Neville was a third-year mathematics student, then twenty-four, but mathematics was not a cement but an embarrassment in their relationship, for although Neville had won a scholarship, this was 'a flash in the pan'.
It made Neville feel inferior that they were in this respect on quite different planes.
Once Alan said, 'When you know what the Entscheidungs problem is, you will know what a great mathematician I am,' with a sad twinkle, but Neville never did find out.
Neville thought he was very ordinary compared with the more glamorous side of King's, and that he was just 'the best that Alan could get'.
But for Alan, it was probably an attraction that Neville, a Geordie from Sunderland Grammar School and the Army, was someone down to earth and rather tough.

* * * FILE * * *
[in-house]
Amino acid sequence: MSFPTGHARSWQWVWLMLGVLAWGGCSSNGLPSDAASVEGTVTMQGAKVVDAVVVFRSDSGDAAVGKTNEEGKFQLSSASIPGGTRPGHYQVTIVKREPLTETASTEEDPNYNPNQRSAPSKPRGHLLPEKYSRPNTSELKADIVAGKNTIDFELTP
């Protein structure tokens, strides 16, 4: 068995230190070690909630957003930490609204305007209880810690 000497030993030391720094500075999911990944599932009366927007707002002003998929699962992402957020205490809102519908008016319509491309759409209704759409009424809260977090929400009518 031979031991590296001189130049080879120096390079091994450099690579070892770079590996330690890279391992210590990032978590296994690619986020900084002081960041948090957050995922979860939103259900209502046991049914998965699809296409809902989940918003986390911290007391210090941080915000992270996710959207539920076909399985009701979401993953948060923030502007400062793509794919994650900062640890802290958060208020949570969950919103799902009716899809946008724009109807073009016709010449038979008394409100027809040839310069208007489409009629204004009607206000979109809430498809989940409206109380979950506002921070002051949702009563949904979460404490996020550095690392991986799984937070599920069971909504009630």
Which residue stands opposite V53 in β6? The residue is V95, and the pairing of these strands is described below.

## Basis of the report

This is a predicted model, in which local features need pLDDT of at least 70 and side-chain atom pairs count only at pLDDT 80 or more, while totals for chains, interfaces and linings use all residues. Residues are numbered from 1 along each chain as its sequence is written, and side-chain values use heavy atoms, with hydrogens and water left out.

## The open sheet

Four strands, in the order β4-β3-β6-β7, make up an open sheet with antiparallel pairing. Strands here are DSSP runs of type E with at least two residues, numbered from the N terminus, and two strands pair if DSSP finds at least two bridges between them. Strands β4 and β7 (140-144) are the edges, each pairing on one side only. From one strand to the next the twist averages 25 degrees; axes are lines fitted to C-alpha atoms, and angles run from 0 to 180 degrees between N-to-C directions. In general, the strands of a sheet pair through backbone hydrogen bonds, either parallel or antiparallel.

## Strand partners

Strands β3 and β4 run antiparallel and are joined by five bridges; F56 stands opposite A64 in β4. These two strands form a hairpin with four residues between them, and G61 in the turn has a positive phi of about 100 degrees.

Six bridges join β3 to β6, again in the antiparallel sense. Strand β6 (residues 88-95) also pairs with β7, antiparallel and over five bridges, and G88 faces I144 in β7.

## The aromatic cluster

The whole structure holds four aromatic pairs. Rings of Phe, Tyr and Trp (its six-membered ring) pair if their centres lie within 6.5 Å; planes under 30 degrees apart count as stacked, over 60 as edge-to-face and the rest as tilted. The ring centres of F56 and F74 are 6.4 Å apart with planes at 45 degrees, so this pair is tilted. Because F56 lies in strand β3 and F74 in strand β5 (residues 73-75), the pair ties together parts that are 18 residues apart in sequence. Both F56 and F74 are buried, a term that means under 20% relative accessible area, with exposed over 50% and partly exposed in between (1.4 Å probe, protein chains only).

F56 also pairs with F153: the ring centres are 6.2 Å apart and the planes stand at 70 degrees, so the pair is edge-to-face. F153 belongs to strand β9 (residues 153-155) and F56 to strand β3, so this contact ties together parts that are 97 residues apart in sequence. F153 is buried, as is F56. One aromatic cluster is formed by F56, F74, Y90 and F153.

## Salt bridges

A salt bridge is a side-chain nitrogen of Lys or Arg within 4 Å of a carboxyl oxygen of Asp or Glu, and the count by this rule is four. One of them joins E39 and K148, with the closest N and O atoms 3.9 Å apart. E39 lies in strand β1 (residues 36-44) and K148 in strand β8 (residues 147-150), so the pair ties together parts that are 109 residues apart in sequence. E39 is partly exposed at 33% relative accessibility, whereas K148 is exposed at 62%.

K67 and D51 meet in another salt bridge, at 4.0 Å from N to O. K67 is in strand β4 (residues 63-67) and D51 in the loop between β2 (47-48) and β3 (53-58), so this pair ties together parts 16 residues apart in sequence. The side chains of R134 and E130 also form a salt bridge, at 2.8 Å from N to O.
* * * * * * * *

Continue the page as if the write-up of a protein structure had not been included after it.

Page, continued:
His problem lay far more in having to remove the anaesthetising shell with which he had protected himself for so long. Perhaps it was too late.
To Neville, it seemed that Alan had enjoyed ill luck with people, and that it was not surprising that he was keen on machines to replace them.
Once he said to Neville, lying on his bed, 'I have more contact with this bed, than with other people.'
He also unburied a little of the past.
Christopher still prodded him, if only because he would faint at the mention of blood or dissections in the physiology lectures.